The first is Death Note. Based on the popular manga, Death Note is the story of Light, a high-school boy who comes into possession of a book called the Death Note. The Death Note is the possession of Ryuk, a shinigami. Yes, shinigami. Yet another anime that deals with those who are called the Gods of Death. However, unlike Bleach, the shinigami here don't seem to be out to protect people. Quite the contrary, actually. You see, the Death Note is a place to write names; names and causes of death. When a person's name is written in the Death Note, that person will die, either from the written cause of death or of a heart attack if no cause is written. Light takes it upon himself to become a god, by killing off those he deems not worthy, starting with criminals. The opposition to him is L, a boy who works with the police department, and is determined to find and stop Light.

Death Note is pretty dark, and it didn't personally interest me enough to get past the second episode, but it's insanely popular. And Viz has already licensed the series, but with an interesting twist. If you want to watch it dubbed, you'll have to buy the DVD's. If you want it subbed though, you'll also be able to download it off the internet! (The price for downloading is currently unknown.)

Death Note
First Airing: October 3, 2006
Air Date/Time: Tuesdays at 24:56
Current Episode: Shousou (Impatience), March 13, 2007

~*~*~*~*~

Series number two is D.Gray-man, also based on a manga. D.Gray-man features a group of people who work as exorcists, fighting creatures known as Akuma, and the man who creates them, the Earl of the Millennium. Both sides are after a mysterious substance known as "Innocence," which can become weapons for the exorcists to fight the Akuma. The main character of D.Gray-man is a boy named Allen Walker, who is on his way to the Black Order, home of the exorcists, to join them at the start of the series. Allen wields Innocence on his hand, and his arm transforms into a giant claw to fight the Akuma. But that isn't Allen's only weapon against the Akuma. Allen's left eye has been cursed, allowing him to see the difference between normal humans and those who have become Akuma. Allen joins the Black Order, and finds there's more to stopping the Akuma than he originally thought.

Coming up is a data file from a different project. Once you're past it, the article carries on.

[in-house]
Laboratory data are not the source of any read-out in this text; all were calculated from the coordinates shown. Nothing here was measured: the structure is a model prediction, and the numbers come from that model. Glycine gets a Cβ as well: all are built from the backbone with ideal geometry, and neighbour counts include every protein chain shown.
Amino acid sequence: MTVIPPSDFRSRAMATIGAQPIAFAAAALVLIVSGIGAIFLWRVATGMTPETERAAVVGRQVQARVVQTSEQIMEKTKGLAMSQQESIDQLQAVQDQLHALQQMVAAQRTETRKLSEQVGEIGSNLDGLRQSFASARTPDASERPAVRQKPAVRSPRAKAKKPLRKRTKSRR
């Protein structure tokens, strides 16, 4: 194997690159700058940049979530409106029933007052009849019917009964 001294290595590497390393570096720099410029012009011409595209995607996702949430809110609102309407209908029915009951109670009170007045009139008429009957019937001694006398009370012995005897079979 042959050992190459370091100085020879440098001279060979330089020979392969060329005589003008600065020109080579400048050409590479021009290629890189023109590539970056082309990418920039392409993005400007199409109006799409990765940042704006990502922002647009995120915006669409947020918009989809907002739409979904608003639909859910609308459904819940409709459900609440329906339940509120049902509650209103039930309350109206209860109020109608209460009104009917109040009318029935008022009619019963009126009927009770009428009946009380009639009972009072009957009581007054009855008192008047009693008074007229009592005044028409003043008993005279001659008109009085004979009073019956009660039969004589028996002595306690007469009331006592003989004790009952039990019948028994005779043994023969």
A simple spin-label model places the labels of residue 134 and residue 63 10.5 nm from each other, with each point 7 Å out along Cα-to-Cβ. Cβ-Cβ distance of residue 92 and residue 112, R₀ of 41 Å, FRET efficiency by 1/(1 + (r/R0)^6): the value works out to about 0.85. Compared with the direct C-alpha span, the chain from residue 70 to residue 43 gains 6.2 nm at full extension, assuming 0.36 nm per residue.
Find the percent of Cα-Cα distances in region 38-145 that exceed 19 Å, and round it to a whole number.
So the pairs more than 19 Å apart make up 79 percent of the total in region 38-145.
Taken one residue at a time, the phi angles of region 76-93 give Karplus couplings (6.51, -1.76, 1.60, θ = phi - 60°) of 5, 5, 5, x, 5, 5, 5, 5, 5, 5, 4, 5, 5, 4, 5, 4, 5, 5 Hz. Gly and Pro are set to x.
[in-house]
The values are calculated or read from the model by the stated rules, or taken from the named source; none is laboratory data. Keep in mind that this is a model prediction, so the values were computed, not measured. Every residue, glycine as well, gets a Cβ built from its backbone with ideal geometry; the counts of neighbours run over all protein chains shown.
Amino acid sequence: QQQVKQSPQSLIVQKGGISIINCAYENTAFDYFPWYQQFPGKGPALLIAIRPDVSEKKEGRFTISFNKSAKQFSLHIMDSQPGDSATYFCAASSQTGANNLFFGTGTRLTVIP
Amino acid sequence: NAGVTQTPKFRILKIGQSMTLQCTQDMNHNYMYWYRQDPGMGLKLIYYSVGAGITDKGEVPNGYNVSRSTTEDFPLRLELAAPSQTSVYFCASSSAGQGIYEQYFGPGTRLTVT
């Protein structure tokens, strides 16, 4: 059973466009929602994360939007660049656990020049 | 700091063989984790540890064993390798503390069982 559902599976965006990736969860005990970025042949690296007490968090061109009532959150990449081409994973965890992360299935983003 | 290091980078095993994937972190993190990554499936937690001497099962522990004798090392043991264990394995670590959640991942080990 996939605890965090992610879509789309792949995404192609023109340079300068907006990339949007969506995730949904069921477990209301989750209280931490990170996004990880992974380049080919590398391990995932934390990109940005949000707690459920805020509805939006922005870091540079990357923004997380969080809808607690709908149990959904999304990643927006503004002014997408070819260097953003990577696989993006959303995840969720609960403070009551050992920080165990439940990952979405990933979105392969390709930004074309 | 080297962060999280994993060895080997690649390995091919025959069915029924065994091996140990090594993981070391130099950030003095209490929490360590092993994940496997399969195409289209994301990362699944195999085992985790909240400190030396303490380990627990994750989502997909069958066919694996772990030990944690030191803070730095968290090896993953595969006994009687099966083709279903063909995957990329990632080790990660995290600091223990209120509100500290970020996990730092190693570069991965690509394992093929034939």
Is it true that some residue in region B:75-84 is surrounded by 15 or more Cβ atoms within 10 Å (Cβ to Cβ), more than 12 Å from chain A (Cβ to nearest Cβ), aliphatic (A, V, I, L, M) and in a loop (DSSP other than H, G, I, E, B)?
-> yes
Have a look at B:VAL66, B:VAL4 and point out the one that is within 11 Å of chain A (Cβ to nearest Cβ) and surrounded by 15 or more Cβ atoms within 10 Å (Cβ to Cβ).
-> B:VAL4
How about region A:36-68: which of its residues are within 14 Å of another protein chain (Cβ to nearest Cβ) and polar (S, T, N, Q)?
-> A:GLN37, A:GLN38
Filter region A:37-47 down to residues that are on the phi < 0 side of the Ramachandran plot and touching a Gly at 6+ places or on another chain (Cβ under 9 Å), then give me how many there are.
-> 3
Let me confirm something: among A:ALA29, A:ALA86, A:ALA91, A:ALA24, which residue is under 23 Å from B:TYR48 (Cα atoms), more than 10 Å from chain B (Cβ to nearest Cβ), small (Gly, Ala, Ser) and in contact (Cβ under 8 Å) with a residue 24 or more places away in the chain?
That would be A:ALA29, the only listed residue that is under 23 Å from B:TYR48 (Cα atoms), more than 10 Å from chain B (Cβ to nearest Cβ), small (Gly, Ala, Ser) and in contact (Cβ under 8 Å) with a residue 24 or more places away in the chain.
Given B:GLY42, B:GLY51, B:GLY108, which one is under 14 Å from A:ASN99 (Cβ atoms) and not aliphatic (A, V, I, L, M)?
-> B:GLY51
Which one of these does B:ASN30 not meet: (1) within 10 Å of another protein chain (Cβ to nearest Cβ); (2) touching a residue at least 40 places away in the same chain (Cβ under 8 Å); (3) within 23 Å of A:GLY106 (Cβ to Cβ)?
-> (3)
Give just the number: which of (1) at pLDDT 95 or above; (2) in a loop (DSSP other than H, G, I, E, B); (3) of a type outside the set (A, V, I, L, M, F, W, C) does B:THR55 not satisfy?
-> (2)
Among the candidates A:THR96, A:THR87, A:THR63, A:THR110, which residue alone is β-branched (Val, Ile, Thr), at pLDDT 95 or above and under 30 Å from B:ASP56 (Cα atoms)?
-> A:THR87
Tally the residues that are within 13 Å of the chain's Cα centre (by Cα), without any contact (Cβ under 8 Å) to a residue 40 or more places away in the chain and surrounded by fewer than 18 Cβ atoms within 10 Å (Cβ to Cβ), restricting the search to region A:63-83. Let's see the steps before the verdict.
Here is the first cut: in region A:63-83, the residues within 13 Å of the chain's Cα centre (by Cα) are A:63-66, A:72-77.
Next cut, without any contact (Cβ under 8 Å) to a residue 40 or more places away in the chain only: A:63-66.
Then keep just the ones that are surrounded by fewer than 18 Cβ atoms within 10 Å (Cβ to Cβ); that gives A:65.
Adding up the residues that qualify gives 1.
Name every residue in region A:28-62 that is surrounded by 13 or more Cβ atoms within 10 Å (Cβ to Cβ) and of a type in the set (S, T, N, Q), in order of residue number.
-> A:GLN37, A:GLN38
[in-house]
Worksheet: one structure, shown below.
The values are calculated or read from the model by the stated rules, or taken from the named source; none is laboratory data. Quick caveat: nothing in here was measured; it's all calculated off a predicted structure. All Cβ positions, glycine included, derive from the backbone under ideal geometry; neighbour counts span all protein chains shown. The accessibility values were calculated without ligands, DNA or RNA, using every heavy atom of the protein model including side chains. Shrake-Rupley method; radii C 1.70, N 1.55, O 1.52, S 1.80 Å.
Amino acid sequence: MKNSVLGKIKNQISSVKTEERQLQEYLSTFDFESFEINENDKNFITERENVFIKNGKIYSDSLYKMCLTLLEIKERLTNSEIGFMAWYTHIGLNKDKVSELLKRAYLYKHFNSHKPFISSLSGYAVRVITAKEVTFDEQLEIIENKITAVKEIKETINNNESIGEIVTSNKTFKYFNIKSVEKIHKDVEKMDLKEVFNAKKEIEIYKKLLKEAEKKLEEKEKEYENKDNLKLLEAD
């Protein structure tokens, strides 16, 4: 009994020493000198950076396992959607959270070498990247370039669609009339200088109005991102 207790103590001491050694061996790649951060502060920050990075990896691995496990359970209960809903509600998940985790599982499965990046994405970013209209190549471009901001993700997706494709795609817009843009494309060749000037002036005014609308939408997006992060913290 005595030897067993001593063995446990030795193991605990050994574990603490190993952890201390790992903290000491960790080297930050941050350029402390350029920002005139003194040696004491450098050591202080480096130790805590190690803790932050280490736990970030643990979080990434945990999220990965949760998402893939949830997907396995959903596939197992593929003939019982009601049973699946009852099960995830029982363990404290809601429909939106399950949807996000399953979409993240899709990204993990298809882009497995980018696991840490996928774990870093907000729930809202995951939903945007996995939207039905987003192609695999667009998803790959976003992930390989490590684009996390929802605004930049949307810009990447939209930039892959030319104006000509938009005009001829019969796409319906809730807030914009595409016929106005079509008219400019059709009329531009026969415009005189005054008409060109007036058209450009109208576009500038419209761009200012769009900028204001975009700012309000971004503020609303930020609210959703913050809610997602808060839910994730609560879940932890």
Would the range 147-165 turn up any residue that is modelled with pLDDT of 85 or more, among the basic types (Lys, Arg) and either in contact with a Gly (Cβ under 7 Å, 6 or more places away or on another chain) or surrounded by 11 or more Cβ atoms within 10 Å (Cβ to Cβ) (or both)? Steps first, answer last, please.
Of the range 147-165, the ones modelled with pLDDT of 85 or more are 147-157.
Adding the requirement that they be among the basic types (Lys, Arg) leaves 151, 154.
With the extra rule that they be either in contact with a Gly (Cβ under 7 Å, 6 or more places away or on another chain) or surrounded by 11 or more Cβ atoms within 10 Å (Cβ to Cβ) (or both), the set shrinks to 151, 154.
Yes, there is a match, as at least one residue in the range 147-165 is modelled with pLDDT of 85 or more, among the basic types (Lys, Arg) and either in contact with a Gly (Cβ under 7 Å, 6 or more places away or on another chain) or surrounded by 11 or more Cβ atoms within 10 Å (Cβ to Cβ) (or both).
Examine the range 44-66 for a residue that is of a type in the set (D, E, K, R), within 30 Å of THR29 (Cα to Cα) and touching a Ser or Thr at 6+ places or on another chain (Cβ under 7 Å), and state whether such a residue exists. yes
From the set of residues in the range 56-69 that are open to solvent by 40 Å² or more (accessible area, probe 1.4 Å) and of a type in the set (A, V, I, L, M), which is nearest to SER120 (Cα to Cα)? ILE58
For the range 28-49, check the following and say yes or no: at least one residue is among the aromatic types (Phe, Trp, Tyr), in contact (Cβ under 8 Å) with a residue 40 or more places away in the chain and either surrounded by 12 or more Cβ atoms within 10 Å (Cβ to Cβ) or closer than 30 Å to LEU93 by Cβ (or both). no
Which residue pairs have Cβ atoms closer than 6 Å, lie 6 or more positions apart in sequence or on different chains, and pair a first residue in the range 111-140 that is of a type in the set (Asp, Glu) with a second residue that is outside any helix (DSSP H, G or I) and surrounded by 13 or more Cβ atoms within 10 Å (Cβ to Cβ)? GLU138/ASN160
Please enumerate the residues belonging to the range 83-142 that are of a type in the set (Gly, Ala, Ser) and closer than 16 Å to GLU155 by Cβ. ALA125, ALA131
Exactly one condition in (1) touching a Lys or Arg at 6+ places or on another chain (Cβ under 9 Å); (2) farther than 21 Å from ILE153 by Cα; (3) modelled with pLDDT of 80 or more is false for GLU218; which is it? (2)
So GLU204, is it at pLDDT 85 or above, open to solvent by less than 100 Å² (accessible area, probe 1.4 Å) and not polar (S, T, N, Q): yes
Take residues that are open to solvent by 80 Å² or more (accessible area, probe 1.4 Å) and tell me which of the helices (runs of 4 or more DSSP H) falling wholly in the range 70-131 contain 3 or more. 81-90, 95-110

D.Gray-man manga is available in the US, but the anime hasn't been licensed yet. Hopefully it'll just be a matter of time before it is, because the show is a great watch. It gets dark, but not too dark, and it doesn't leave you confused (at least yet!)

D.Gray-man
First Airing: October 3, 2006
Air Date/Time: Tuesdays at 6pm
Current Episode: Watashi ga Aishita Kyuuketsuki (The Vampire I Loved), March 13, 2007

~*~*~*~*~

The final series isn't as recognizable by name at first: Winter Garden. "Winter Garden," you may ask. "What's that?" Winter Garden is a special that aired in December 2006, featuring Dejiko and Puchiko from Di Gi Charat. The catch? These aren't two alien girls, they're two normal girls, but all grown up. Dejiko is now 20, and Puchiko is 15; they work, go to school, and have ordinary lives.

There are only two episodes, so it's pretty short, but it's cute and sweet. I know a lot of people have complained that it's too much of a departure from the previous Di Gi Charat shows, but it is a good, sweet series, if a little short.

Winter Garden
Air Dates: December 22-23, 2006

Monthly Fun

~Sailor Moon Birthdays
March 6: Kaiou Michiru/Sailor Neptune

~ Horoscopes
Pisces (Feb 19-March 20)
That mud puddle you've been eyeing might be deeper than you think.

Aries (March 21-April 20)
When in doubt, choose option C.

Taurus (April 21-May 20)
If it sounds too good to be true, buy it anyway.

Gemini (May 21-June 21)
Don't cry over spilt milk -- especially not if it was spoiled.

Cancer (June 22-July 22)
Take more joy in the little things in life.

Leo (July 23-Aug 22)
You can only patch your underwear so many times before you need to buy a new pair.

Virgo (Aug 23-Sep 22)
Wednesday will be a good day for you.

Libra (Sep 23-Oct 24)
Psst -- XYZ! (eXamine Your Zipper)

Scorpio (Oct 24-Nov 22)
Personal scheduling skills will serve you well this month.

Sagittarius (Nov 23-Dec 21)
You will get the Sailor Moon theme song stuck in your head.

Capricorn (Dec 22-Jan 20)
Not all mail is junkmail. It just feels that way.

Aquarius (Jan 21-Feb 18) Live every day to its fullest potential.

Editors-in-Chief: Jen, Lisa
Writers: amiwakawaiidesu, Dessa, LTGMars, sailorpsychosis, Scot, SilenceGlaive, tux
Editors: Cloudburst, LTGMars

To contact the MoonGram Staff: send email to MoonGram@sailormoon.org
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All articles are the property of their respective authors. No part of this document can be duplicated without the written consent of its owner. We make all reasonable attempts to assure the validity of the information presented in the MoonGram. However, we are not responsible for omissions or errors caused by faulty third-party information. Horoscope content is just for fun and is not meant to be taken seriously.


Special thanks for this edition of The MoonGram go out to Buchanan. He helped to revive the tradition and built the columnist and editors teams.

MoonGram and grep sailormoon * are © 1998 - 2007 by Scot Bontrager and Jennifer Maher-Bontrager. All Rights Reserved. The MoonGram is the newsletter of grep SailorMoon * (sailormoon.org).